Is there bat poop in Doritos? This question is not new. It has been asked over the years on numerous online forums and websites. There is a legitimate reason for asking the question, the hard part is finding a legitimate location with accurate answers. So we wanted to provide you, the readers, with the answer to this question once and for all.
Bat Removal and Prevention, Inc. is obviously a Wildlife Control company specializing in the removal of bats in homes and businesses. Our expertise in chip manufacturing is only on the consumption end. The work we do is pretty similar from location to location, the questions we get are not. A recent inquiry we received is related to bat guano and Doritos chips. The question goes like this, “Is there bat poop in Doritos”?
Well for questions that have seemingly obvious answers, we have discovered over the years, those obvious answers are the correct ones. But on this one we wondered, is it? A knee jerk reaction is, NO WAY! Come on, man! Of course they don’t. So in a mad dash to lovingly prove someone wrong, we discovered the following information related to this issue and it might just surprise you.
- First, the confusion in some part is due to terminology. There are common ingredients in many food products called guanine which sounds and looks a lot like guano, which is the term used for bat feces. Guano and guanine are often the root of much of the confusion simply because of the similarities.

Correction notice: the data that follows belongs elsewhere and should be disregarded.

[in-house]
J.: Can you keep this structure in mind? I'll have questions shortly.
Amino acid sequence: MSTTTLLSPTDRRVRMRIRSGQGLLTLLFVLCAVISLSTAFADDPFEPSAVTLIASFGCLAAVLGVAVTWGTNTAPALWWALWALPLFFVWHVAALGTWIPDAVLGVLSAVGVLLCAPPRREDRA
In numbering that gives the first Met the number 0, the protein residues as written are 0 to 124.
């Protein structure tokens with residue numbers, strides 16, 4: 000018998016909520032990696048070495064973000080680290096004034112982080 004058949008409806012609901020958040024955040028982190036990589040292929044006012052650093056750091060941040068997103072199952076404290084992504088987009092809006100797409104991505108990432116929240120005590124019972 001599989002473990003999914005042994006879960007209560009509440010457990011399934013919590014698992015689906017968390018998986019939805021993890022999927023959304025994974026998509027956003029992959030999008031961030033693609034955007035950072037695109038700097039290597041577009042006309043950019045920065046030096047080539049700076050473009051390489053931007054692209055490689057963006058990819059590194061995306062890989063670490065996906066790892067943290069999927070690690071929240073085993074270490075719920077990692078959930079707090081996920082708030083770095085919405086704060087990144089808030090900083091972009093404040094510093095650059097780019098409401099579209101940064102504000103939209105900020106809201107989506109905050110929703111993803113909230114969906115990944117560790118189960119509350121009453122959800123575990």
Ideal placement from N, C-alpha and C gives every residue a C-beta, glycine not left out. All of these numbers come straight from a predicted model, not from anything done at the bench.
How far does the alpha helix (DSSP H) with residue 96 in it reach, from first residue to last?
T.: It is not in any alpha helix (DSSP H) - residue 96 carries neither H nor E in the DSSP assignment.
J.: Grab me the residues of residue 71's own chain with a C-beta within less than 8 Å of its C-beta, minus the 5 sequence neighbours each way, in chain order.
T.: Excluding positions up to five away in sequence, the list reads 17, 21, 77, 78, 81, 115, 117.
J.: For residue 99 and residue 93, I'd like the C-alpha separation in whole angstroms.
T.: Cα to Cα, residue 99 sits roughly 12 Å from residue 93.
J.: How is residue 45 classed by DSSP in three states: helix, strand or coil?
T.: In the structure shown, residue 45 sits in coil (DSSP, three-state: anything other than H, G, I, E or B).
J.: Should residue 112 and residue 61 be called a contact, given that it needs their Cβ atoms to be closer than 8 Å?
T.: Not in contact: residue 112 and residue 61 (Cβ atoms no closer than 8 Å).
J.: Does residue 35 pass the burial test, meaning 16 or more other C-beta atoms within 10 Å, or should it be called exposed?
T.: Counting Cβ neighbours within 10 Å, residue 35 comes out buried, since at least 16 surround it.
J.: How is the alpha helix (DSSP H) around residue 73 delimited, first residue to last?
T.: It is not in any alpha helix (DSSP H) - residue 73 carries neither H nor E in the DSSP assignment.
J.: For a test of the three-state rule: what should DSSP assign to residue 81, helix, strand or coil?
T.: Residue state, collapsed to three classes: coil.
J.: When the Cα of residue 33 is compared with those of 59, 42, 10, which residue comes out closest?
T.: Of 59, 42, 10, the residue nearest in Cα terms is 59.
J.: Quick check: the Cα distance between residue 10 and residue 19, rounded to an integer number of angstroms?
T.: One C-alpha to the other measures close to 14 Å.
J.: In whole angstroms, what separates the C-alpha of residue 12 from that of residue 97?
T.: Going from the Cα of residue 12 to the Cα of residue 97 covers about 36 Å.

- Another term is guanylate which comes from guanylic acid which is an active ingredient in Doritos. This term is also confused as being a root derivative of the term bat feces (guano).
These two terms, rightly understood, clear up a majority of the problems. But does that put the issue of bat guano in Doritos to rest? Well, it wouldn’t be a fun blog post if it did, so in an effort to gross you out, we would like to add a major reason why bat guano “may” be in Doritos.
The FDA does allow for, get this, rogue condiments. Which includes anything from mold, bacteria, rodent and/or insect filth. For potato chips they allow for “rot” at an amount less that 6% of pieces by weight. The reality is they have high regulations for rodent and insect filth but nothing on record for bat guano contamination. So given the odds of bat guano in or around chip factories, it would seem at least possible that you would find bat guano as part of that 6% “rot”.
But with full disclosure and as scary as that is I don’t think we will be cutting back on our Doritos consumption anytime soon. Why? The probable reason why bat guano is not listed by the FDA is that studies have been done and shown that guano is not prevalent enough to even register on any test.
So at the end of the day, we cannot be 100% certain on what particles are in the air at these factories, but we do know they have high health regulations by the FDA and guano is not an active “intentional” ingredient in Doritos. The rest is left to the imagination.
Check out our post on raccoon poop as well.
For more information and interesting topics around bat guano or other subjects visit our blog.